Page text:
Skip to main content
Two women pursuing their medical degrees with an interest in combining cancer research with patient care have been selected as the 2020 IU Simon Comprehensive Cancer Center William J. Wright Scholarship Fund recipients.

2 students with interest in combining cancer research with patient care are Wright Scholarship recipients

2020 Wright Scholars

2020 Wright Scholars

Two women pursuing their medical degrees with an interest in combining cancer research with patient care have been selected as the 2020 IU Simon Comprehensive Cancer Center William J. Wright Scholarship Fund recipients.

Alexa Loncharich and Laura Wright (no known relation to the benefactor) earned the $8,000 scholarships for the current academic year. Each has already distinguished herself by delivering presentations at scientific meetings, earning numerous awards, taking on volunteer projects, and getting listed as an author on research published in prestigious academic journals among other accomplishments.Alexa Loncharich

Loncharich, a native of Carmel, Ind., wrote in her scholarship application that she discovered her love for oncology while standing in the corner of a small conference room. The moment happened while in a pancreatic oncology clinic when she and her preceptor met with their last patient of the day. The patient, who two days earlier went to the ER, had a mass on her pancreas. It was advanced pancreatic cancer.

“I think the poor prognosis of pancreatic cancer really inspired me to pursue research involving it,” Loncharich said. “I wanted to get involved in improving survival and treatment.”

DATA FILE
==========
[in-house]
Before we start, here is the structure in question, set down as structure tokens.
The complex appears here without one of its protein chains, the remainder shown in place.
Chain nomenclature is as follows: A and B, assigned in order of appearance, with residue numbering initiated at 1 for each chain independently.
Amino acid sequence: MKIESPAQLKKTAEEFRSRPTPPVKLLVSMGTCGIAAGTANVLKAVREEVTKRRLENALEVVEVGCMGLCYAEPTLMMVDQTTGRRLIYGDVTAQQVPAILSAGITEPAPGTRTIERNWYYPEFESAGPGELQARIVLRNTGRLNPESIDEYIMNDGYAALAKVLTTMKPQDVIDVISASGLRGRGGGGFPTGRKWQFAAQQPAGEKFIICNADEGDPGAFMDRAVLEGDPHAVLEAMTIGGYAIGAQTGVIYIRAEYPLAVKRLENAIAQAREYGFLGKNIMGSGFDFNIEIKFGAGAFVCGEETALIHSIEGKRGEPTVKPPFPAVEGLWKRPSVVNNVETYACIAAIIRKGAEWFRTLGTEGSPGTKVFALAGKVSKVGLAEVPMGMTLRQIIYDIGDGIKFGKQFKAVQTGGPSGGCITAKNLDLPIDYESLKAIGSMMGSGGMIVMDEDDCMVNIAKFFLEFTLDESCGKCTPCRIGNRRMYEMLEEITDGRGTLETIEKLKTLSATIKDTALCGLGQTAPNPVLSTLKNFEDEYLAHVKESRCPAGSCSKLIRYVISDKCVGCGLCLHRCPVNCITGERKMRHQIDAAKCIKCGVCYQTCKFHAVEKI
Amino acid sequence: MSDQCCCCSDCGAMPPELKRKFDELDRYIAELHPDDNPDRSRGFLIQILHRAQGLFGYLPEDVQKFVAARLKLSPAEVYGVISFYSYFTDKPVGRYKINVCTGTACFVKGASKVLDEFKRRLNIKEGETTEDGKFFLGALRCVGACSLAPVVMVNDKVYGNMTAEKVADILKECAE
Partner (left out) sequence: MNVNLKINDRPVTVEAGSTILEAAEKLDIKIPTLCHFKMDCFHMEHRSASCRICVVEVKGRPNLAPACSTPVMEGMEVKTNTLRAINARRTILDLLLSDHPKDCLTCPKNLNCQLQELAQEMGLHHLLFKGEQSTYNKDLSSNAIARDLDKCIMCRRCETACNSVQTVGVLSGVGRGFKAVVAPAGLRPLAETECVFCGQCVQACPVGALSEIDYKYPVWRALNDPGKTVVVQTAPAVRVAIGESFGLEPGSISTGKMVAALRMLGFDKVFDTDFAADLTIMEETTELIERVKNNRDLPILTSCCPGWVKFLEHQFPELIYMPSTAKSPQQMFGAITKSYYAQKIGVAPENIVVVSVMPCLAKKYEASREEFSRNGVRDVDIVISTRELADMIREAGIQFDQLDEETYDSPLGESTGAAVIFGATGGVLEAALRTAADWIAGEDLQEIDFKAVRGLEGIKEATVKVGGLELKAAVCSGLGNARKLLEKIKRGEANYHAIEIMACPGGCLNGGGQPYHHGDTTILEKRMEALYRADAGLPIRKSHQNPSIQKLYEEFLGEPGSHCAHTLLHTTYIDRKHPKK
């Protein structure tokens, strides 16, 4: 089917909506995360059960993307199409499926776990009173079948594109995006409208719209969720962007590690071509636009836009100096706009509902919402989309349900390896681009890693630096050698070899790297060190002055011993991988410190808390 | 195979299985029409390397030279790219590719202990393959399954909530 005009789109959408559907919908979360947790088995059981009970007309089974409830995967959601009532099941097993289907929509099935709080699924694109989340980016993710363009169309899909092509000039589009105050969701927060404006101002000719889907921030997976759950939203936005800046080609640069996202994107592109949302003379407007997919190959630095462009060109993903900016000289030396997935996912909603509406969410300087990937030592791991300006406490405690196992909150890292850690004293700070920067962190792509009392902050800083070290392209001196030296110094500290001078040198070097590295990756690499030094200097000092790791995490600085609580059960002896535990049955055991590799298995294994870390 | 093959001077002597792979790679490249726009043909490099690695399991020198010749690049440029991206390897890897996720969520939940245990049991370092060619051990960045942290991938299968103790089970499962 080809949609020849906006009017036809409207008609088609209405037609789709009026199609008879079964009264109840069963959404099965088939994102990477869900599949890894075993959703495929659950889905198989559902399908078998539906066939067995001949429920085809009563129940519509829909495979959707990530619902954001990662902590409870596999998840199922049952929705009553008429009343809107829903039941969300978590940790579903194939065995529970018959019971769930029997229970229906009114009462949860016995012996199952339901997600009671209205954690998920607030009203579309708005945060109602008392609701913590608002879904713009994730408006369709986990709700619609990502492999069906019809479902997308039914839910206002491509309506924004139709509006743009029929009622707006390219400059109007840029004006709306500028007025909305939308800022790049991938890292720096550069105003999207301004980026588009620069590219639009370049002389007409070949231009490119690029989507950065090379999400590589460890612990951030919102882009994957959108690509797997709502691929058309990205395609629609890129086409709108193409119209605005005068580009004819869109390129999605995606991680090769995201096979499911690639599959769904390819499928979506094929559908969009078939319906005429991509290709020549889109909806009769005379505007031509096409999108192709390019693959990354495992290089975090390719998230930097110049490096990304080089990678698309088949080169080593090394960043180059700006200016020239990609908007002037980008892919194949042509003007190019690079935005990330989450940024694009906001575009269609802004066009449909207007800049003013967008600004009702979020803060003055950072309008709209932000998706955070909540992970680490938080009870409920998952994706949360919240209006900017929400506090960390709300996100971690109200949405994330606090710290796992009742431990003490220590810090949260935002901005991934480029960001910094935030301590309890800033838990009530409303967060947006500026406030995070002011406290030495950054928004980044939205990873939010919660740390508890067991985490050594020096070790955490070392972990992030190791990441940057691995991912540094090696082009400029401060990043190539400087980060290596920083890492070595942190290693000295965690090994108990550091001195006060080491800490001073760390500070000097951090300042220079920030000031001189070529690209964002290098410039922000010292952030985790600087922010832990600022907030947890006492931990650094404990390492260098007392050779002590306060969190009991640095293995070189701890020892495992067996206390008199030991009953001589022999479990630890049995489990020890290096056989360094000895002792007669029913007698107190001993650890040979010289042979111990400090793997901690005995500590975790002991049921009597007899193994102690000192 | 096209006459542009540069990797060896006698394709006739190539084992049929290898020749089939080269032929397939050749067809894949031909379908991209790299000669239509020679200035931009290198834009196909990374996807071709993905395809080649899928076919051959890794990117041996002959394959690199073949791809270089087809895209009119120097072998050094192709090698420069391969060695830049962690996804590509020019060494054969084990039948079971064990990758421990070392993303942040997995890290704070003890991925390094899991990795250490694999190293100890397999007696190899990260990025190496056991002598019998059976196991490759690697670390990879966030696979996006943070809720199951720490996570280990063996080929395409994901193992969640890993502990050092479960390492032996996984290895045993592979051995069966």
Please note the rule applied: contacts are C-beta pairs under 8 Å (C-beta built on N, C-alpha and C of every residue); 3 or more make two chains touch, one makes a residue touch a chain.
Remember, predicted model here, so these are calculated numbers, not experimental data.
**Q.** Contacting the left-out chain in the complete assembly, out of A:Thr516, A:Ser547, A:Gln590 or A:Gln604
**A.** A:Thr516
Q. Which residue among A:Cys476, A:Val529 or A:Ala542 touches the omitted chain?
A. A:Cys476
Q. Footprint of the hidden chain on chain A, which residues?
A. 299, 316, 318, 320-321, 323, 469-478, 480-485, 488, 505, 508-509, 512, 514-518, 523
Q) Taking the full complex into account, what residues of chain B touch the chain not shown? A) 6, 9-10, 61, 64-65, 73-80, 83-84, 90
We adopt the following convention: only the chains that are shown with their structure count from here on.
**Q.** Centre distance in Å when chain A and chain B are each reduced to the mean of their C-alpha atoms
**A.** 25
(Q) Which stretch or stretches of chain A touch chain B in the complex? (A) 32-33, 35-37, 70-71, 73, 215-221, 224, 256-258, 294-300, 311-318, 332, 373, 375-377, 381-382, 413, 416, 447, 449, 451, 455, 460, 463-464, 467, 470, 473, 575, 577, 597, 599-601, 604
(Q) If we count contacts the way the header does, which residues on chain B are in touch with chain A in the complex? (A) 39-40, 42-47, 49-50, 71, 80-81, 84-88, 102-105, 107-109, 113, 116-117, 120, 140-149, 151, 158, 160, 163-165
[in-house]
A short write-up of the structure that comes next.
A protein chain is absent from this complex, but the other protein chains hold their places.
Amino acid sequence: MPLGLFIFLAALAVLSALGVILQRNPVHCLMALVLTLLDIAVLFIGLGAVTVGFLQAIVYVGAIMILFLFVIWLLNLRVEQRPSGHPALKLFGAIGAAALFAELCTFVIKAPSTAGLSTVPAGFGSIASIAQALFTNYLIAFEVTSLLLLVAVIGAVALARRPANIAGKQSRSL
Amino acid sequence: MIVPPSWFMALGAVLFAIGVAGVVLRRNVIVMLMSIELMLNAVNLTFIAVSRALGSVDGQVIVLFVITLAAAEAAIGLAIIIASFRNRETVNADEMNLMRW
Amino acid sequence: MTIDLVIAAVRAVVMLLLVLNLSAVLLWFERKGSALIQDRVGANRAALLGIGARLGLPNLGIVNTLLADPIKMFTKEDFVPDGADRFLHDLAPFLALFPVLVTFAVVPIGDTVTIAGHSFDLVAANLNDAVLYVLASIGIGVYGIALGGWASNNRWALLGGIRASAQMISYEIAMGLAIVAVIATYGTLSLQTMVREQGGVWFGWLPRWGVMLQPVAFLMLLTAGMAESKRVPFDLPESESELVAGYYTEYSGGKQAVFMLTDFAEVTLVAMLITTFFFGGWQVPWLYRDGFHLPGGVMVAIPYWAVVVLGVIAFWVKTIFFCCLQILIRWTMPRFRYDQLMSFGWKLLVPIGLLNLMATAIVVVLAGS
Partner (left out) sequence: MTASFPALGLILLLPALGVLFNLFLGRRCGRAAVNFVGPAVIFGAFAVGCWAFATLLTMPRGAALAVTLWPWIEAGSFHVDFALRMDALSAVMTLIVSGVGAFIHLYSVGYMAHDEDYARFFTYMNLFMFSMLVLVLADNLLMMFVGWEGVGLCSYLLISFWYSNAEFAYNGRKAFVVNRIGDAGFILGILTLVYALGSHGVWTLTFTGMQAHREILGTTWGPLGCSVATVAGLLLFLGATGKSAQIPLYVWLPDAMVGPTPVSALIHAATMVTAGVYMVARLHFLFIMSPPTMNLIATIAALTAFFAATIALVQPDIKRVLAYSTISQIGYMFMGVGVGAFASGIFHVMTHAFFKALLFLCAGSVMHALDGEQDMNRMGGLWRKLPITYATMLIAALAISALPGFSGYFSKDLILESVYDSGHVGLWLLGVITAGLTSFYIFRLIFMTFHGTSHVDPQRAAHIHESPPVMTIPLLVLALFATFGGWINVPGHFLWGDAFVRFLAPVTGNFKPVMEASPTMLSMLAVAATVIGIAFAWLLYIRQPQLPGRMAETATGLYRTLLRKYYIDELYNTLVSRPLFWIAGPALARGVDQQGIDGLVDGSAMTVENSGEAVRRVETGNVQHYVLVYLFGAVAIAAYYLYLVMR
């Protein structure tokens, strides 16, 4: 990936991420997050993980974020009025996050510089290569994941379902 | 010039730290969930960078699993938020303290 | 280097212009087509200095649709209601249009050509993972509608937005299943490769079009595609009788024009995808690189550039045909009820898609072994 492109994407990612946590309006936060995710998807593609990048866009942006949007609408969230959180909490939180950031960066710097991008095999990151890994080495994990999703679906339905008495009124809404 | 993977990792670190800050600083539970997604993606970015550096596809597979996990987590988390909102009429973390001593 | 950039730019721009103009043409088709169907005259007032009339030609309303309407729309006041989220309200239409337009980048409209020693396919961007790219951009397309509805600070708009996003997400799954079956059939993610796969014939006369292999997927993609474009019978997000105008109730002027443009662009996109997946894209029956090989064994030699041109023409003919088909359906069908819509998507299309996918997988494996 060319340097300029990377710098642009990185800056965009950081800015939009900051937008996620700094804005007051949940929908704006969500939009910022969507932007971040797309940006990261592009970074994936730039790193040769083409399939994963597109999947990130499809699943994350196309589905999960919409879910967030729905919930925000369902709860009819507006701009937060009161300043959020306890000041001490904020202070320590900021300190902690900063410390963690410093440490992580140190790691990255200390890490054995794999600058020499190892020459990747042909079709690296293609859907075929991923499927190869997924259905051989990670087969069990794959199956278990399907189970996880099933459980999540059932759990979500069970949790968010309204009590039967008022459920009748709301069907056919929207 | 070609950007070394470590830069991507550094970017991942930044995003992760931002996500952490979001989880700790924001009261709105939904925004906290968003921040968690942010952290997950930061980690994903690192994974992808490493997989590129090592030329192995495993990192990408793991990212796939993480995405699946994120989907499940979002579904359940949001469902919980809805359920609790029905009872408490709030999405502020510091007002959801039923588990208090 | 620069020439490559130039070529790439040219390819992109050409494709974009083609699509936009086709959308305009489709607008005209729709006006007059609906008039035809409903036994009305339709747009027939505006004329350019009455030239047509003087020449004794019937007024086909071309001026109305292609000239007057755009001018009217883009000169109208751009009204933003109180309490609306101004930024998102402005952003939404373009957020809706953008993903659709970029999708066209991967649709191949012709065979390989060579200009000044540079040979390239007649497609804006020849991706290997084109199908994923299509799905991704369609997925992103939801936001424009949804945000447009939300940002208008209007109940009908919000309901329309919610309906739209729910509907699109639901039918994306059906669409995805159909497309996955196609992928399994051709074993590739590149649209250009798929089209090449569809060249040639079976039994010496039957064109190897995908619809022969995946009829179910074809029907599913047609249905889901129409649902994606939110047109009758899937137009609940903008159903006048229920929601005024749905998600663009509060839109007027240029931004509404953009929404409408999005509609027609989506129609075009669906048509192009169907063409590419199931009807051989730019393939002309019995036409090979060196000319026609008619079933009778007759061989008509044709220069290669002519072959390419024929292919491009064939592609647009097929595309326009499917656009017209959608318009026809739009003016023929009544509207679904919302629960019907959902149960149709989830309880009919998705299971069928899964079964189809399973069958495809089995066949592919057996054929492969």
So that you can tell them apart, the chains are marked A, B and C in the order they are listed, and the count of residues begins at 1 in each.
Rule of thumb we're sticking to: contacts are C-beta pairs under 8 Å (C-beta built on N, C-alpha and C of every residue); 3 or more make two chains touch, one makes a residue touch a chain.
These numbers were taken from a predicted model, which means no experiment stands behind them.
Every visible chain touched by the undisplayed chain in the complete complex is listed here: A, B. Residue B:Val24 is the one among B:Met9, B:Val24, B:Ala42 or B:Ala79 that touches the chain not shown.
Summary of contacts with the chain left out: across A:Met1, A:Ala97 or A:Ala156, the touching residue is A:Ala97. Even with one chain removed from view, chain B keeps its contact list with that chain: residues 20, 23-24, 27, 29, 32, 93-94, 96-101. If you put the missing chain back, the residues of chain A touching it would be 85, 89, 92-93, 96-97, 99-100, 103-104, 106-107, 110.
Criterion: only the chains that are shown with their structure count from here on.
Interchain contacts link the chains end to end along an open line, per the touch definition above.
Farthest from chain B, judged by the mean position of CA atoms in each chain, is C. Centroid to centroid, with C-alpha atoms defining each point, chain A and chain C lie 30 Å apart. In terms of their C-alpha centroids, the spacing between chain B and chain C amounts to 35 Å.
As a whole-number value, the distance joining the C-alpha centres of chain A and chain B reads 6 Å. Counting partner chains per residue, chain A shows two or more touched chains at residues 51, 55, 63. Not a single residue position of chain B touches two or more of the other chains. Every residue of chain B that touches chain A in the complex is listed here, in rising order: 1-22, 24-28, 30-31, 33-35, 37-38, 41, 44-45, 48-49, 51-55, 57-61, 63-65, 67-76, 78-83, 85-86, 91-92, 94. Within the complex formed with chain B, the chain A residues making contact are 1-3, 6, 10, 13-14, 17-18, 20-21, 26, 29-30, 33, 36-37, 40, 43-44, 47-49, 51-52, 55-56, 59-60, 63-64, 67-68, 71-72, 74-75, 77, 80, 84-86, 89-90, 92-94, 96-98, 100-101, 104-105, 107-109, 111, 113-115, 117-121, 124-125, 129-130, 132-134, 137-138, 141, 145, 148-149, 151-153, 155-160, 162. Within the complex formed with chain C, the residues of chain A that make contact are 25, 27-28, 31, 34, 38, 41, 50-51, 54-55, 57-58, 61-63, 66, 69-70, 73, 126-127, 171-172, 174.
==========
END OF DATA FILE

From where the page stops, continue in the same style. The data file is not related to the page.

For her most recent research, which she completed in the lab of Michael House, M.D., she reviewed about 850 patient charts. 

“We looked at patients that had a surgery called a Whipple, which removes the head of the pancreas,” she explained. “This is often done to remove cancer in the pancreas. We wanted to determine if an early complication, biliary leak, is associated with a later complication, biliary fistula. A biliary fistula carries a high risk of additional morbidity and mortality.”

For her most recent research, which she completed in the lab of Michael House, M.D., she reviewed about 850 patient charts. 

Their finding? Postoperative biliary fistulas—even transient, clinically insignificant fistulas—are associated with increased risk for developing a late biliary stricture that needed stents.

The significant finding caught the Society for Surgery of the Alimentary Tract’s attention, and it was accepted for an oral presentation at the society’s 61st annual meeting. Because of the pandemic, the meeting was canceled but the findings were presented online during a webinar presented by the society. The research also was published in the Journal of Gastrointestinal Surgery.

Also because of the pandemic, Loncharich and her fellow students were pulled off of their clinical rotations in mid-March. However, she said that allowed her more time to devote to research. In fact, she focused solely on a surgical elective for a month.

She returned to her internal medicine sub-internship in July at the Roudebush VA Medical Center.

The fourth-year medical student plans to apply to internal medicine residencies this fall followed by a hematology/oncology fellowship. She said she plans to continue pursuing research into her residency and beyond.

Loncharich graduated with highest distinction from IU Bloomington with a double major in neuroscience and biology in 2017. She currently serves as a tutor at IU School of Medicine and is a member of the school’s Association of Women Surgeons Student Interest Group and the Surgery Student Interest Group. She serves as vice president of the school’s Internal Medicine Student Interest Group.

“It is such an honor to receive this award,” she said. “I am thrilled for the recognition of my previous research and the judges’ confidence in my future research. The scholarship also allows me to devote more time on research.”